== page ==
“I would never stop my kids from asking questions.” ~ Andrea Cambron
Film-maker Brian Grazer wrote: “Curiosity—asking questions—isn’t just a way of understanding the world. It’s a way of changing it.” In some ways, that’s really what Choose to be Curious is about. And it was certainly what “How to Change the World” was about, that fabulously ambitious thing my son the teacher did earlier this year, bringing sixteen high school students to DC to see how change happens, asking all kinds of questions. The perfect companion to Andrea…
I spent one day this weekend cleaning house, a long overdue chore that was made considerably more bearable by listening to Tara Westover’s remarkable memoir Educated. It’s a chilling account of the consequences of not teaching our kids to be curious, of aggressive efforts to suffocate even its smallest expression. Of the fear and distrust that come from isolating ourselves from the world. Of the triumph of one person’s natural curiosity over our collective inclination to hunker down and away from the unfamiliar.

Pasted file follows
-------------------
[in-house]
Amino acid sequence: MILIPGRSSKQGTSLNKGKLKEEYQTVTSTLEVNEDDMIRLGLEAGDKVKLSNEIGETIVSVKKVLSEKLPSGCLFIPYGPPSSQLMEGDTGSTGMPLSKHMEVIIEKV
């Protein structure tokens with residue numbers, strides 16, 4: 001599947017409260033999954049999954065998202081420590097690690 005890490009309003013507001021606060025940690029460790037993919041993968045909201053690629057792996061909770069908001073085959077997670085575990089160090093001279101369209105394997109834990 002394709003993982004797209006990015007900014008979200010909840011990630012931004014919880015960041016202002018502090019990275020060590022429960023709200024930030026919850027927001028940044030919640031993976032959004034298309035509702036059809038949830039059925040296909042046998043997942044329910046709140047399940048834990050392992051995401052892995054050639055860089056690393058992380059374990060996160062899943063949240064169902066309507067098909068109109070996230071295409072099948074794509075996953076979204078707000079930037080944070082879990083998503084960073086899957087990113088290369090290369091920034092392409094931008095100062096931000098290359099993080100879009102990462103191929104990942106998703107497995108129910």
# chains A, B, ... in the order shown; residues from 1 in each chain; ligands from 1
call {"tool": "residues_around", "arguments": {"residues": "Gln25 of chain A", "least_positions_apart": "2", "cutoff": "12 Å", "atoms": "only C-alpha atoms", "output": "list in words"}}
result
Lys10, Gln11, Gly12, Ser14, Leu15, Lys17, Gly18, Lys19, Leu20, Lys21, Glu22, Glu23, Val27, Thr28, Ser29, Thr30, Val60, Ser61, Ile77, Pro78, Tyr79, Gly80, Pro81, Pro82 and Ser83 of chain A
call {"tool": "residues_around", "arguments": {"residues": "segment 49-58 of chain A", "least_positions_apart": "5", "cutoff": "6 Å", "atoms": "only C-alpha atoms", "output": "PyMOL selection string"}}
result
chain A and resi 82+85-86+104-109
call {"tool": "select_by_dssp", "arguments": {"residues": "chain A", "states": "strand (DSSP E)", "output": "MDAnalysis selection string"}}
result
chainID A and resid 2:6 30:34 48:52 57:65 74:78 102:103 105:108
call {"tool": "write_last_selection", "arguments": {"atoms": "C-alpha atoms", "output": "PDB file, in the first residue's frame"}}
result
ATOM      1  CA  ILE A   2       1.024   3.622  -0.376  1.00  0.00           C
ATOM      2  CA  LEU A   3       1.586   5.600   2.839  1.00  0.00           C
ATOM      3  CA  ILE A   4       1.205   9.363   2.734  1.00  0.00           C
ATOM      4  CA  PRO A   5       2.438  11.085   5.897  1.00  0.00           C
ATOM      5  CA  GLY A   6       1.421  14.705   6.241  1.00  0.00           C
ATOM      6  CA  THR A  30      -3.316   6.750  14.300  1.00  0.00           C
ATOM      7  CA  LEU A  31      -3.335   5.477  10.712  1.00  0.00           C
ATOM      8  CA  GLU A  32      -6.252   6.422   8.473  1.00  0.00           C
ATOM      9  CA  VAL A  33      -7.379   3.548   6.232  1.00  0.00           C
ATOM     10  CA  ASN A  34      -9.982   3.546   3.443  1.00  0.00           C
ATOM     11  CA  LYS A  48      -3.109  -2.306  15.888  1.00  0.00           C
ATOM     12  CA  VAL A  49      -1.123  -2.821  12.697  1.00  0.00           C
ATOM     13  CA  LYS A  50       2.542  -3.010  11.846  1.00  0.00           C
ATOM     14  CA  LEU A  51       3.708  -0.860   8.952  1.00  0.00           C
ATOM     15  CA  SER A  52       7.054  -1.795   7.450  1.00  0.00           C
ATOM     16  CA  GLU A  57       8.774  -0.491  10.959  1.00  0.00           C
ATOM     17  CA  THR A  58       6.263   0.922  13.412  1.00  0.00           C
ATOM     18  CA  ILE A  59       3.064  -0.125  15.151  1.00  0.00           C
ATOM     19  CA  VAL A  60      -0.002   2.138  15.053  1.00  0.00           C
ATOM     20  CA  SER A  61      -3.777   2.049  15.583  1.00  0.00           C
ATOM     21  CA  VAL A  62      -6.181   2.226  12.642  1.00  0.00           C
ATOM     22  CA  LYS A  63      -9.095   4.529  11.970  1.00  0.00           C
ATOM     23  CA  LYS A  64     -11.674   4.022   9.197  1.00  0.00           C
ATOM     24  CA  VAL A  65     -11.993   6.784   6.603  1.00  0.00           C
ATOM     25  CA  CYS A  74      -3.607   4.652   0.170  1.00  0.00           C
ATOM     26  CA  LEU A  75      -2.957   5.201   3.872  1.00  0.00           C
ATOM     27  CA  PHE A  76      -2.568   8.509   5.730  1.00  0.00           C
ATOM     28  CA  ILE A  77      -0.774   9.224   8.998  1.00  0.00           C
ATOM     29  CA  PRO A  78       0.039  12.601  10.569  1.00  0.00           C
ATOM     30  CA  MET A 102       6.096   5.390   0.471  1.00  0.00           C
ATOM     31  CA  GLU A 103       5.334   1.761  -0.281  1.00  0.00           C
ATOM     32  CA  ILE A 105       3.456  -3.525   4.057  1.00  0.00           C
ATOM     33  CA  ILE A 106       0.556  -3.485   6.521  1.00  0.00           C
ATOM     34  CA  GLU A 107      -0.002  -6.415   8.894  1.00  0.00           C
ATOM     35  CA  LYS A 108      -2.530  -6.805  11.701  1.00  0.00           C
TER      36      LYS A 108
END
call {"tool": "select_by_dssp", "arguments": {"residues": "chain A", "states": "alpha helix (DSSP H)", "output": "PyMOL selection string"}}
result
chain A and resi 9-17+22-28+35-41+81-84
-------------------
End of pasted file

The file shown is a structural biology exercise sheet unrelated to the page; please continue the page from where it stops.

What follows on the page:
It was the perfect companion to this week, this month, this administration, which has sewn such poisonous seeds and whose hate-filled harvest spills out around us this fall. Why cultivate our kids’ curiosity, even when it’s hard? Because the alternative is worse. Why put time and energy into navigating the big, ugly questions that are surely swirling in kids’ heads? Because if we don’t teach them to think deeply about the complex world around them they won’t be equipped to live in it.
And make no mistake: we’re leaving them a hell of a world to live in.
So thank goodness for Andrea, and my son, and all the other people who are “teaching the children well”, teaching them to go toward the unknown, with open minds and open hearts and a belief that we — and especially they — can do better.
Check out Enlighten Me.
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